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Sunjung Kim’s Real DMZ Project Interrogates the North and South Korea Divide Ocula Conversation Sunjung Kim’s Real DMZ Project Interrogates the North and South Korea Divide

Ongoing since 2012, the Real DMZ Project interrogates the demilitarised zone (DMZ) between North and South Korea through annual, research-based exhibitions that bring together the works of Korean and international artists. Sunjung Kim, the independent curator behind the project, conceived the idea of exploring the DMZ while curating Japanese artist...

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Frieze Week Lowdown: London Shows to See Ocula Report Frieze Week Lowdown: London Shows to See 20 Sep 2019 : Tessa Moldan for Ocula

London's galleries and museums are gearing up for a lively October, with Frieze London and Frieze Masters running between 3 and 6 October 2019 at Regent's Park, along with 1-54 Contemporary African Art Fair, taking place across the same dates at Somerset House; and the tenth anniversary of the Sunday Art Fair, showcasing new and emerging artists...

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Mark Bradford’s Call for Unity at Shanghai’s Long Museum Ocula Insight | Video Mark Bradford’s Call for Unity at Shanghai’s Long Museum 16 August 2019

Mark Bradford walks through Mark Bradford: Los Angeles Mark Bradford: Los Angeles at the Long Museum West Bund in Shanghai (27 July–13 October 2019) is the artist's largest solo exhibition to date in China. In this video for Ocula, Bradford and Diana Nawi, curator of the show, walk through selected works that convey the artist's concerns with...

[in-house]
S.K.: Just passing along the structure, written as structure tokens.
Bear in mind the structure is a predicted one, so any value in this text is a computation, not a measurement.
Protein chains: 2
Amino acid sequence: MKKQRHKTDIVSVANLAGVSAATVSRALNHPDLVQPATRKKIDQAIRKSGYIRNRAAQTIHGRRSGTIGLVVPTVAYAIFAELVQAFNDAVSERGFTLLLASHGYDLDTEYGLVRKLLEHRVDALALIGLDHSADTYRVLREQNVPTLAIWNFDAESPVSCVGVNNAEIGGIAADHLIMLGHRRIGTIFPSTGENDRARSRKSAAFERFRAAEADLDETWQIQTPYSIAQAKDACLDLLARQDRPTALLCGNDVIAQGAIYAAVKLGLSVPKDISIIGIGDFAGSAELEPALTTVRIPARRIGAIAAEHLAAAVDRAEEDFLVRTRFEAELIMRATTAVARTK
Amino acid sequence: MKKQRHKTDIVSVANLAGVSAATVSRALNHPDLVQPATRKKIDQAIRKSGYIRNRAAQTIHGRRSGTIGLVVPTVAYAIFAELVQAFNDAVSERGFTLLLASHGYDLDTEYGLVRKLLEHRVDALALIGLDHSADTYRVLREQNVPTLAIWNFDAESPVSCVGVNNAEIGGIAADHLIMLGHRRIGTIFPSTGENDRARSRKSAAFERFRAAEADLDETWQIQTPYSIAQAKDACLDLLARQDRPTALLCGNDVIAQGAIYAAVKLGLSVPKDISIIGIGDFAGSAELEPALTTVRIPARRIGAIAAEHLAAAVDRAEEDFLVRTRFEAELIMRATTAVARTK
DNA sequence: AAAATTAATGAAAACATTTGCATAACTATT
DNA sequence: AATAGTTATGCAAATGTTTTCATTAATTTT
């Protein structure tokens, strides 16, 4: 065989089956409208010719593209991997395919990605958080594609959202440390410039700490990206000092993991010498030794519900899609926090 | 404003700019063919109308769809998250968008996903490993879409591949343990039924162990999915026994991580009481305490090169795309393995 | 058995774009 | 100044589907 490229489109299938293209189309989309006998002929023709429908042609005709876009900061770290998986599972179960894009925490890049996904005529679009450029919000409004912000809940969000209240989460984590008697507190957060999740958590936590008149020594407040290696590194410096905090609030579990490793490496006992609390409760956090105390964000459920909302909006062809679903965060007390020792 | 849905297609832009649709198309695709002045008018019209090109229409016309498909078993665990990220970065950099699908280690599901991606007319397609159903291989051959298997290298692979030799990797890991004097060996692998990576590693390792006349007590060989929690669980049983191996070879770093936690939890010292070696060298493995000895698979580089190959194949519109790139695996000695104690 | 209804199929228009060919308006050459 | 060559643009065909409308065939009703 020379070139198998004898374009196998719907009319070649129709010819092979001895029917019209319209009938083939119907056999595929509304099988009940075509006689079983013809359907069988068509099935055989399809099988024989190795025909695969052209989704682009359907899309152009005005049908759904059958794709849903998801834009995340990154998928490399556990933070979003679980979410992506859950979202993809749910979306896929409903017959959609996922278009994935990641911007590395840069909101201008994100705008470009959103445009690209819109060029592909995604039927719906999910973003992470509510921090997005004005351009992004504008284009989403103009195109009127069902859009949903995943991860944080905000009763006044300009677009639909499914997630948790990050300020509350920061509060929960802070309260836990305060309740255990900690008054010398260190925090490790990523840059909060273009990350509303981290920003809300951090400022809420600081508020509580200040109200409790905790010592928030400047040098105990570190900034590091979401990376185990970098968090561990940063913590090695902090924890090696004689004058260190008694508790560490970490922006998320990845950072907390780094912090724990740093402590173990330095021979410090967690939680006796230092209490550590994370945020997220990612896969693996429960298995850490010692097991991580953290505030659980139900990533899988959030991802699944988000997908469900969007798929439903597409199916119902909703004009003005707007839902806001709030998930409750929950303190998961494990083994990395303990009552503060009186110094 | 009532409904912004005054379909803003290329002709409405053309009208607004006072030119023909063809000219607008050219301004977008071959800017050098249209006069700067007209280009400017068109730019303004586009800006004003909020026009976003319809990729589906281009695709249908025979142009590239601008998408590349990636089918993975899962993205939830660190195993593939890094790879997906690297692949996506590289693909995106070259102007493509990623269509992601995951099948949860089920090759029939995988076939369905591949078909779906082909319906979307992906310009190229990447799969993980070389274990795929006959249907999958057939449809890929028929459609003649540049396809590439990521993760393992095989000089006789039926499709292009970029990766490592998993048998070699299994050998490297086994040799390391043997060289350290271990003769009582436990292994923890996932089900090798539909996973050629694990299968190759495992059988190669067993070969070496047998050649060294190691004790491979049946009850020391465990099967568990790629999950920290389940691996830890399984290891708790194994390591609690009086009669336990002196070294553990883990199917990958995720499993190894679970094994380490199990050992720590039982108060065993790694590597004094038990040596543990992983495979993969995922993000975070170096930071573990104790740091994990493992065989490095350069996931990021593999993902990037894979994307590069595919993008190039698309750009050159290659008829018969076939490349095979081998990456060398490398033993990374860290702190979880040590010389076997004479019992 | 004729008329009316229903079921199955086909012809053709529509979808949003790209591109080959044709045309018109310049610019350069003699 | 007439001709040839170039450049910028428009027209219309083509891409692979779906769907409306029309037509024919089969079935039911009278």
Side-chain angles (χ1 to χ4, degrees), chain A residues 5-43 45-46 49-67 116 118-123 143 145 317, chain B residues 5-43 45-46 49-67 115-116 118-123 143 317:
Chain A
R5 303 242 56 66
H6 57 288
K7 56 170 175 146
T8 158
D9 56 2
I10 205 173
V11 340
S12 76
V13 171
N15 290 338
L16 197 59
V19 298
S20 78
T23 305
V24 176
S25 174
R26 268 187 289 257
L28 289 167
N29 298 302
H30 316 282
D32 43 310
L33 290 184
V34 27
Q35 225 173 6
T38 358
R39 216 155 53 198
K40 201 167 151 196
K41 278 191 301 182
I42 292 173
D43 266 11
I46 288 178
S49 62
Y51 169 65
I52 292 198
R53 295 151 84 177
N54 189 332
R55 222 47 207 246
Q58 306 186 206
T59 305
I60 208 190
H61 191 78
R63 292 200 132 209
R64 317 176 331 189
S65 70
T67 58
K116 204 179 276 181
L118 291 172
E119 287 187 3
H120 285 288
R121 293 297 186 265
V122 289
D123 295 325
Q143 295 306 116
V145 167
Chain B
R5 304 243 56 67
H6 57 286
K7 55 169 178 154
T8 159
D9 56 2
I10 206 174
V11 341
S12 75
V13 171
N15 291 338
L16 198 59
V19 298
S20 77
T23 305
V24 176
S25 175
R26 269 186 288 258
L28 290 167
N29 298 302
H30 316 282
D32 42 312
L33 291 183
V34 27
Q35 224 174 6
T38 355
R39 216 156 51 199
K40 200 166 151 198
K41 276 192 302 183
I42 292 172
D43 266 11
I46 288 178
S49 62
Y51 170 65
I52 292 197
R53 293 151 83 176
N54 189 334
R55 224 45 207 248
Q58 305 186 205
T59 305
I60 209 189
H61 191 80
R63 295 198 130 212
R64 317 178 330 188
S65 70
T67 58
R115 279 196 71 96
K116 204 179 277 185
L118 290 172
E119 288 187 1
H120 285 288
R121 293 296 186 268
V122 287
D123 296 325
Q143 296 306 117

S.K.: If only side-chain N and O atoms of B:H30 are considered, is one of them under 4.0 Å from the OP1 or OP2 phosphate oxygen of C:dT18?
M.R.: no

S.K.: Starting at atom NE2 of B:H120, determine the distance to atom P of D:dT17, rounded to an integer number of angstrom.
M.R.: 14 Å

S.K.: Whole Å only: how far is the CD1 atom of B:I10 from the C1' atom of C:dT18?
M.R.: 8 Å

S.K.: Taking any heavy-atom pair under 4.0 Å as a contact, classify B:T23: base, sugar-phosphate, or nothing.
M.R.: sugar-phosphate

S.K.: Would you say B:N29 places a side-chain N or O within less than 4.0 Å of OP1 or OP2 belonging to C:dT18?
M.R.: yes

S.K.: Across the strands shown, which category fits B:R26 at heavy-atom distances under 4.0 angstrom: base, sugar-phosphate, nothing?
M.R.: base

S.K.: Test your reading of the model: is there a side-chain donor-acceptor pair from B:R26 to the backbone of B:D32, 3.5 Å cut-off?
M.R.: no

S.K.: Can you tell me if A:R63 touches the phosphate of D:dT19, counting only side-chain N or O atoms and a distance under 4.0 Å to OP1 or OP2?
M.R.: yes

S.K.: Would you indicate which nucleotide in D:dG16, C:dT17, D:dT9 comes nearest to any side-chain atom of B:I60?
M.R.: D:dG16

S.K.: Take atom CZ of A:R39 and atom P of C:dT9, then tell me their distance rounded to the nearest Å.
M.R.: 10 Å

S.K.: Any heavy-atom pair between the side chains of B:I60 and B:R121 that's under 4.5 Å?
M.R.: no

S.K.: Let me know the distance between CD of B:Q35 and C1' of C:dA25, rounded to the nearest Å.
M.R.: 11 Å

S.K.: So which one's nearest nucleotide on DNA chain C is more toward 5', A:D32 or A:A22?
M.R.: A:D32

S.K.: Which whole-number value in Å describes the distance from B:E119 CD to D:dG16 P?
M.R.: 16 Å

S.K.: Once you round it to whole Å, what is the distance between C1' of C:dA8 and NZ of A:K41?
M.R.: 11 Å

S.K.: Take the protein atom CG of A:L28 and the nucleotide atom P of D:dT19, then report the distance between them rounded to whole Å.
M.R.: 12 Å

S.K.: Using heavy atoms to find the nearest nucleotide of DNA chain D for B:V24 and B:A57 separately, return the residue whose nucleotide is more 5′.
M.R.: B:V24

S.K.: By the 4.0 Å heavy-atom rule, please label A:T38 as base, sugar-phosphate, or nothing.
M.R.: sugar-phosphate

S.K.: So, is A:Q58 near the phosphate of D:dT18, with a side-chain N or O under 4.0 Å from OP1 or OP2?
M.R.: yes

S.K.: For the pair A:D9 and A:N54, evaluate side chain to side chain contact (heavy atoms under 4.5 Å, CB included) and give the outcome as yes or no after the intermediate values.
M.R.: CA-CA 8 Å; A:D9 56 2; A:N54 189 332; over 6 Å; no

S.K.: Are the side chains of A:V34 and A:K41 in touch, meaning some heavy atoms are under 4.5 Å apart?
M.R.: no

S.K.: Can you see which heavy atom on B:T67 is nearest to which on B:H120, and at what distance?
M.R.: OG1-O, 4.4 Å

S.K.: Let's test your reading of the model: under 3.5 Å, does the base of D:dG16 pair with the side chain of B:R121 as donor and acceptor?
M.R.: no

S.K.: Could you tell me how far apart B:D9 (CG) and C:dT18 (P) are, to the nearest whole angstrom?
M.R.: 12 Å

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Ocula Conversation

Florence Derieux in Conversation

Stephanie Bailey Basel 18 June 2014

Formerly a curator at the Palais de Tokyo in Paris, as well as the deputy director of the Picasso museum in Antibes, Florence Derieux has been the Director of FRAC Champagne-Ardenne since 2008, which conceives and produces exhibitions of contemporary art, and organizes educational activities and events to engage the public in contemporary art. Derieux has curated projects worldwide, most recently the first major survey of work by Agnes Denes in Western Europe at Firstsite, Colchester, UK, and has authored several books, essays and articles on the subject of contemporary art and artists. In 2006 to 2007, she served as Associate Curator of Le Magasin-Centre National d’Art Contemporain in Grenoble as well as a tutor at the Ecole du Magasin’s International Curatorial Training Programme, where she directed the publication, Harald Szeemann: Individual Methodology (JRPIRingier, 2008). In 2013, Derieux was appointed the curator of the Parcours sector for Art Basel in Basel, which engages the city's historical quarters with site-specific sculptures, interventions and performances by renowned international artists and emerging talents. Returning in 2014 to curate the sector once again, Derieux discusses her plans for this year's edition.